By Loida Rosario, Marketing Strategist and Innovation Guru (HispanicAd.com)
The future cannot be predicted. Peter Drucker reminds us. To influence the future, you have to create it. Betting on the right trends helps create that future.
The explosion of social and digital marketing, although enabled by technological advances, is fueled by consumption. Who is creating its future? I would argue that largely multicultural consumers in the U.S. and global consumers in emerging economies are driving the future of social and digital marketing. These segments are both lead (who influence other consumers) and heavy (who consume most) users.
Am I implying that diverse segments are driving the future of social media? Yes. Given their size, collectivistic nature, relative youth, and accelerated growth rates, these segments are the growth engine of social media and digital marketing. (For this short discussion, the focus is on the U.S. The explosive growth of digital technologies in emerging markets has been more commonly explored.) A look at a few social media consumption numbers in the U.S. gives credence to the argument:
o For example, Hispanics over index (263%) as viewers as content creators in YouTube
o Another example is Twitter, a study by Pew Research shows that both African Americans and Hispanics over index in Twitter usage.
o A Forrester study also showed that Hispanics tend to over index in all type of social media, e.g. Facebook.
From this perspective, here are my top predictions for multicultural digital/social media in 2012 that will also drive the overall market:
Original content: So far social media has thrived by ‘retweets’ and ‘comments’ on aggregated content that gets shared. Although creators of new ideas and content are increasingly difficult to track, the pressure for authenticity and newness will spark a rediscovery of true new content. Latinos, with their rich and varied cultural heritage; African Americans and their continued position as trend setters; and the many cultures from different Asian countries represented in the rapidly increasing foreign populations in the U.S. are/will be main content creators in science, entertainment, social issues and business.
Multi- Languages: For those who are addicted to translation software programs with all their convenience and inaccuracies, true multi-lingual high quality content will evolve. Spanish content is starting to increase with digital properties from Spanish-speaking countries getting some traction. Content in Arabic and Chinese languages will continue to increase as local regions get more internet access. (E.g. Sino, Orkut, Baidu, Vevo, Alibaba, Yahoo EnEspanol, Google Brasil, etc)
Personal ‘clouds’: Cloud computing will become personal. The hard drives of our PCs and smartphones will no longer be enough to hold massive gigabytes of video content and other types of evolving rich multimedia (e.g. augmented realities). Capabilities such as large storage, categorization and transparence of access across devices, will become paramount at the individual level.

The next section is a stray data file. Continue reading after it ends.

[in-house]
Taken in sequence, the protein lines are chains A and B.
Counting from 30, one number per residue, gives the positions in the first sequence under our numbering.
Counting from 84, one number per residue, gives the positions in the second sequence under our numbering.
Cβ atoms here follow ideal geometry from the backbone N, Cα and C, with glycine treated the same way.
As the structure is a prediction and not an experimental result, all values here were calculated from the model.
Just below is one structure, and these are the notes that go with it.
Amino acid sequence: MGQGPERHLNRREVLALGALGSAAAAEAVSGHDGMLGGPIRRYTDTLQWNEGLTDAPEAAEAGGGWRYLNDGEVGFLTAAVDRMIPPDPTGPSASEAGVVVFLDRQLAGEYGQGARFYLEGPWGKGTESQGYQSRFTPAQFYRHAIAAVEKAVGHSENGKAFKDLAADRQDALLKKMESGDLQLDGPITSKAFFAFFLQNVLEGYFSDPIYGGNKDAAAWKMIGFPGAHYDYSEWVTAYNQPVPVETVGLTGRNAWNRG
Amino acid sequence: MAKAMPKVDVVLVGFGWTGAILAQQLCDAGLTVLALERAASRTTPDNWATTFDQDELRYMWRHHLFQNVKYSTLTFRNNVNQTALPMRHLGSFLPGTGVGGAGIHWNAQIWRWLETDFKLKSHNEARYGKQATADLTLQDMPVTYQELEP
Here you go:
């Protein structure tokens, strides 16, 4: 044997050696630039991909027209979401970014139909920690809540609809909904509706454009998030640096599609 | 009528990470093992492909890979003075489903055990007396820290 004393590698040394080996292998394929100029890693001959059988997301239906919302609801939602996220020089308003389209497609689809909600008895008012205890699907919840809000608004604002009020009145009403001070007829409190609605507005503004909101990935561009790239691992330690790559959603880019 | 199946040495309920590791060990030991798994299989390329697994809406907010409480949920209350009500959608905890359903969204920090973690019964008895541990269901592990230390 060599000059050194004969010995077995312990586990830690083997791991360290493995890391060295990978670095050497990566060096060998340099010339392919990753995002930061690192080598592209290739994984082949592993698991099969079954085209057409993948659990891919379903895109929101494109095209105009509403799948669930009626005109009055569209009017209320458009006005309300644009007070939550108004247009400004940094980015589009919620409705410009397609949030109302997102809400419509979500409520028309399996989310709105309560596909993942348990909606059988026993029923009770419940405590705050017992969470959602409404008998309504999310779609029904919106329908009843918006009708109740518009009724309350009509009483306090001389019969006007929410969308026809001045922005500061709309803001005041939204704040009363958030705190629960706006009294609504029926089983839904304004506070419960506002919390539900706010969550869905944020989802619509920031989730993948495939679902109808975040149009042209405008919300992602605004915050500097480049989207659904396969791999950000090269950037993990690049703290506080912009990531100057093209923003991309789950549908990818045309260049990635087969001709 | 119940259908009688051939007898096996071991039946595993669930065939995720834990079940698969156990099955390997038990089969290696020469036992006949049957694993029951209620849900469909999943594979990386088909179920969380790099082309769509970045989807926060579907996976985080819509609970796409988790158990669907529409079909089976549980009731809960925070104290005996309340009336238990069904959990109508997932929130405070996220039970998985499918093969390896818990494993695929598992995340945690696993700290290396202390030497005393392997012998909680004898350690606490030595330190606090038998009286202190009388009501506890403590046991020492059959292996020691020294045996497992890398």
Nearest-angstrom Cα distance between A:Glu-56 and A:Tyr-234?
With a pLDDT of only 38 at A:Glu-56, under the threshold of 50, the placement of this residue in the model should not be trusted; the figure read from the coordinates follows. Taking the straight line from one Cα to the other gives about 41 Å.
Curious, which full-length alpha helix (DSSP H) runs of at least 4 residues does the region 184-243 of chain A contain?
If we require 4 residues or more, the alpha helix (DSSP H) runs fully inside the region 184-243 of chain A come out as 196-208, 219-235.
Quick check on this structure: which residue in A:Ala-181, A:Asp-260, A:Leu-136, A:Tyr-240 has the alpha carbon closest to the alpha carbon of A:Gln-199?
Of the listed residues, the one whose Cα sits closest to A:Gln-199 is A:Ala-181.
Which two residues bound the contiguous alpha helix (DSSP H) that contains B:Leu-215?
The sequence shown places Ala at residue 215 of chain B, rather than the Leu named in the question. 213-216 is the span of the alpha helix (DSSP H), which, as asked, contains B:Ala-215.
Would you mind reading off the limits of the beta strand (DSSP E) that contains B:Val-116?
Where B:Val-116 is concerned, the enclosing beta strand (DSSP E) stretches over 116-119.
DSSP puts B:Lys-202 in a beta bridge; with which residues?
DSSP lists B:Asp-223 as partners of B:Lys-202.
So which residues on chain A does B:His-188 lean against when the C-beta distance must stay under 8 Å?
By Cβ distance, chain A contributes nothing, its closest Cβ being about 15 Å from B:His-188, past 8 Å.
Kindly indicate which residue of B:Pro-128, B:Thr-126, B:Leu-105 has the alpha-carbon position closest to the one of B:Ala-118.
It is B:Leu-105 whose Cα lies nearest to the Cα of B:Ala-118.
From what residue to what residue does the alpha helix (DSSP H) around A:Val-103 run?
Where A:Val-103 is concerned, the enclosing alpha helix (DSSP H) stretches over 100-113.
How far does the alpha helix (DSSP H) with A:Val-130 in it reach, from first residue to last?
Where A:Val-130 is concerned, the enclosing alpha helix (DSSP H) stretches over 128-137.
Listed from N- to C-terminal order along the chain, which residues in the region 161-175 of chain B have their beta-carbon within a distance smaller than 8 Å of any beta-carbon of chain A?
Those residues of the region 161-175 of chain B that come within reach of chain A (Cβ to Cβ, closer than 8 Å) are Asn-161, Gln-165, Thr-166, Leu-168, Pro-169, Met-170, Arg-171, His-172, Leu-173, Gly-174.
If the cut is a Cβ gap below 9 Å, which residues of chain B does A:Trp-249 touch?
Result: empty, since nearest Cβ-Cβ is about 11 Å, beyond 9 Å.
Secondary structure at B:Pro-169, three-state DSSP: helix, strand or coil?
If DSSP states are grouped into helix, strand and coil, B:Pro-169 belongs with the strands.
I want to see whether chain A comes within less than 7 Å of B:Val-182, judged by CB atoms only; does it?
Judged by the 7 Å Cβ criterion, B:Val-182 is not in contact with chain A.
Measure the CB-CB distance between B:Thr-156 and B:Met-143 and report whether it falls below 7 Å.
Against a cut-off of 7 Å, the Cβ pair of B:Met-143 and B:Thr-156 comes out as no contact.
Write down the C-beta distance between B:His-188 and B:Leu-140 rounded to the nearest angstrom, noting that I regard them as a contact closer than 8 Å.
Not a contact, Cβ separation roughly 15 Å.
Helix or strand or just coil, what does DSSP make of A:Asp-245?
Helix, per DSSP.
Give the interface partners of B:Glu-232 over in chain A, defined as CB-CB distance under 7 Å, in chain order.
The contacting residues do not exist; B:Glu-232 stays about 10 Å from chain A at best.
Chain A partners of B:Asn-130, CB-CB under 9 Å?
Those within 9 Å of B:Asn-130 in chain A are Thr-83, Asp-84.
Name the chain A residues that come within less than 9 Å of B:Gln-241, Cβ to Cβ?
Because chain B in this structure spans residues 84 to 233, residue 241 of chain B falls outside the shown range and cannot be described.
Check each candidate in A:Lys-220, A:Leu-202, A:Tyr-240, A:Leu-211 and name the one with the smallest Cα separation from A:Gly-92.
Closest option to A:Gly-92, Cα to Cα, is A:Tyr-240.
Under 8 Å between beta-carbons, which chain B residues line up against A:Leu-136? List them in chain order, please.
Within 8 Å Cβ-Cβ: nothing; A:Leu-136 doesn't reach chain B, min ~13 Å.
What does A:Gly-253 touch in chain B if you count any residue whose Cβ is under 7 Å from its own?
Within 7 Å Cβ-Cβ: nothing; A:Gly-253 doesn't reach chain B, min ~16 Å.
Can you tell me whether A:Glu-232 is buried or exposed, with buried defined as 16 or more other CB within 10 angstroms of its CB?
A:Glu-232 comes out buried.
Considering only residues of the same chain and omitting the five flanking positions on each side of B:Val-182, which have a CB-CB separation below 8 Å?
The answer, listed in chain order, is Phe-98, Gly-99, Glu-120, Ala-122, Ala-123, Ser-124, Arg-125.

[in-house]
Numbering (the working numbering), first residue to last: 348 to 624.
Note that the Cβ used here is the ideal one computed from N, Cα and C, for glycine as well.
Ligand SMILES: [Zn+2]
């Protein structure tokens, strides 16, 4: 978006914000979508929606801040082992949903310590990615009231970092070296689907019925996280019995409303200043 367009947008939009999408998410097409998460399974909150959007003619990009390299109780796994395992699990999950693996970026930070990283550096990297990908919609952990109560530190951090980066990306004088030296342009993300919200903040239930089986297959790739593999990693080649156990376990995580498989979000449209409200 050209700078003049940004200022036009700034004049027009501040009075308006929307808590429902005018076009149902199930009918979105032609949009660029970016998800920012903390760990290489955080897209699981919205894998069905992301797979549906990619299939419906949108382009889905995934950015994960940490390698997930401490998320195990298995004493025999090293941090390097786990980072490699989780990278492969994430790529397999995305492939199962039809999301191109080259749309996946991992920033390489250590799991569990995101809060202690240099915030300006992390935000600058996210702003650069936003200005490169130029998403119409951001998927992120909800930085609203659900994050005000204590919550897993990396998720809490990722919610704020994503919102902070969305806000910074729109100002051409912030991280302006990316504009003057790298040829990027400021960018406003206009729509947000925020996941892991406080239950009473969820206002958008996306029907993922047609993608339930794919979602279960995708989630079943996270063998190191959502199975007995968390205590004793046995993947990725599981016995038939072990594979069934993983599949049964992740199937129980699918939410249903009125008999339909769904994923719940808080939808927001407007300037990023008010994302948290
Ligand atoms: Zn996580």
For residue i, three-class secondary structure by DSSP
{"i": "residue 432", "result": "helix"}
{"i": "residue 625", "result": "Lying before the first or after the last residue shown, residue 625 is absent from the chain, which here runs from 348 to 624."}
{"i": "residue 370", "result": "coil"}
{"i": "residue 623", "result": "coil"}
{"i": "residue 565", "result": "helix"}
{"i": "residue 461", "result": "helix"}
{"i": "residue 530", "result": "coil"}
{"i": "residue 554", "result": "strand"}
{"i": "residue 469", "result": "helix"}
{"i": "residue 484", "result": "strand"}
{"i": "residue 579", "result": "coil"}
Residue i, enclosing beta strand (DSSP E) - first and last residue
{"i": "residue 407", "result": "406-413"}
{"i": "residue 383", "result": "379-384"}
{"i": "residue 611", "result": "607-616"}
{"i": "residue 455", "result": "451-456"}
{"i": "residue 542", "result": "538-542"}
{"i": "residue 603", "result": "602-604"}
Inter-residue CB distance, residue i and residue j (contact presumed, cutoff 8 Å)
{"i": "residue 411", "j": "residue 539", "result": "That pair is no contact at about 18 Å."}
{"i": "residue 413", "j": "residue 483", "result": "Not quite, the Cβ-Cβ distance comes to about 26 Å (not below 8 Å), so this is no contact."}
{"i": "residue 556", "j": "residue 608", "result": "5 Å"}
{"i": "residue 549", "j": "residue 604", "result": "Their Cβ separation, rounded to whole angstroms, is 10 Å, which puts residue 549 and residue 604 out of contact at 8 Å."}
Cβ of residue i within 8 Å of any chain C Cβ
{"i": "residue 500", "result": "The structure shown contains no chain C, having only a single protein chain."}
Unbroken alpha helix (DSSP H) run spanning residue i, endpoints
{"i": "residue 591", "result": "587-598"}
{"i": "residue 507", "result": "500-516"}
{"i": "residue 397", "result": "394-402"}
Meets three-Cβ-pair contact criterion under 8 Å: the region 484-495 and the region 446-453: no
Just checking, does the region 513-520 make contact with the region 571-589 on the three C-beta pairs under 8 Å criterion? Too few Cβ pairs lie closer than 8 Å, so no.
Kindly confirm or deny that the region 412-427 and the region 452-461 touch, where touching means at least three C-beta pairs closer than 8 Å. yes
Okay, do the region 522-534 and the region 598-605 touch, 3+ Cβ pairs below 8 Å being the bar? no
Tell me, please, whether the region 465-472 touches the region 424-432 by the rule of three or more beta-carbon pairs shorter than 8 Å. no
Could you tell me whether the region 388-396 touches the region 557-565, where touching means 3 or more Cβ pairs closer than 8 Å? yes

Mobility everything: Already recognized as the most important personal belonging in our lives, cellular devices with inherent ‘everywhere’ reach, real-time, and interactive features will continue to thrive. Studies show that Hispanics today already over index in advanced phones ownership and usage.
Global/Local and Total Market/Hispanic:
Top marketers are finally discovering that reaching multicultural segments is not an ‘either or’ proposition but rather a matter of allocation. Examples such as Coca Cola’s “Uncover Happiness/Destapa La Felicidad” program, become marketing platforms that cohesively address key brand messaging at the local and global level, and also go deep into the Hispanic market in an integrated and yet authentic new U.S. mainstream approach.
Metrics Galore: Or should I say lack of? As ‘general’ social media and digital marketing metrics evolve, huge gaps will continue to exist in the ability to clearly compare and contrast ROI in Hispanic specific, integrated English/Spanish, or ‘total market’ campaigns and programs. Smart companies, like P&G and General Mills, will forge ahead experimenting with new measurement models that demonstrate the obvious value of investing in these segments. Others may continue to use this as an excuse.
To be able to create the future, we have to be willing to think ‘different’; for example, to accept diverse market realities. An honest and deep examination of the underlying forces behind key 2012 predicted trends may be the most meaningful way to prepare, if not create, the immediate future.
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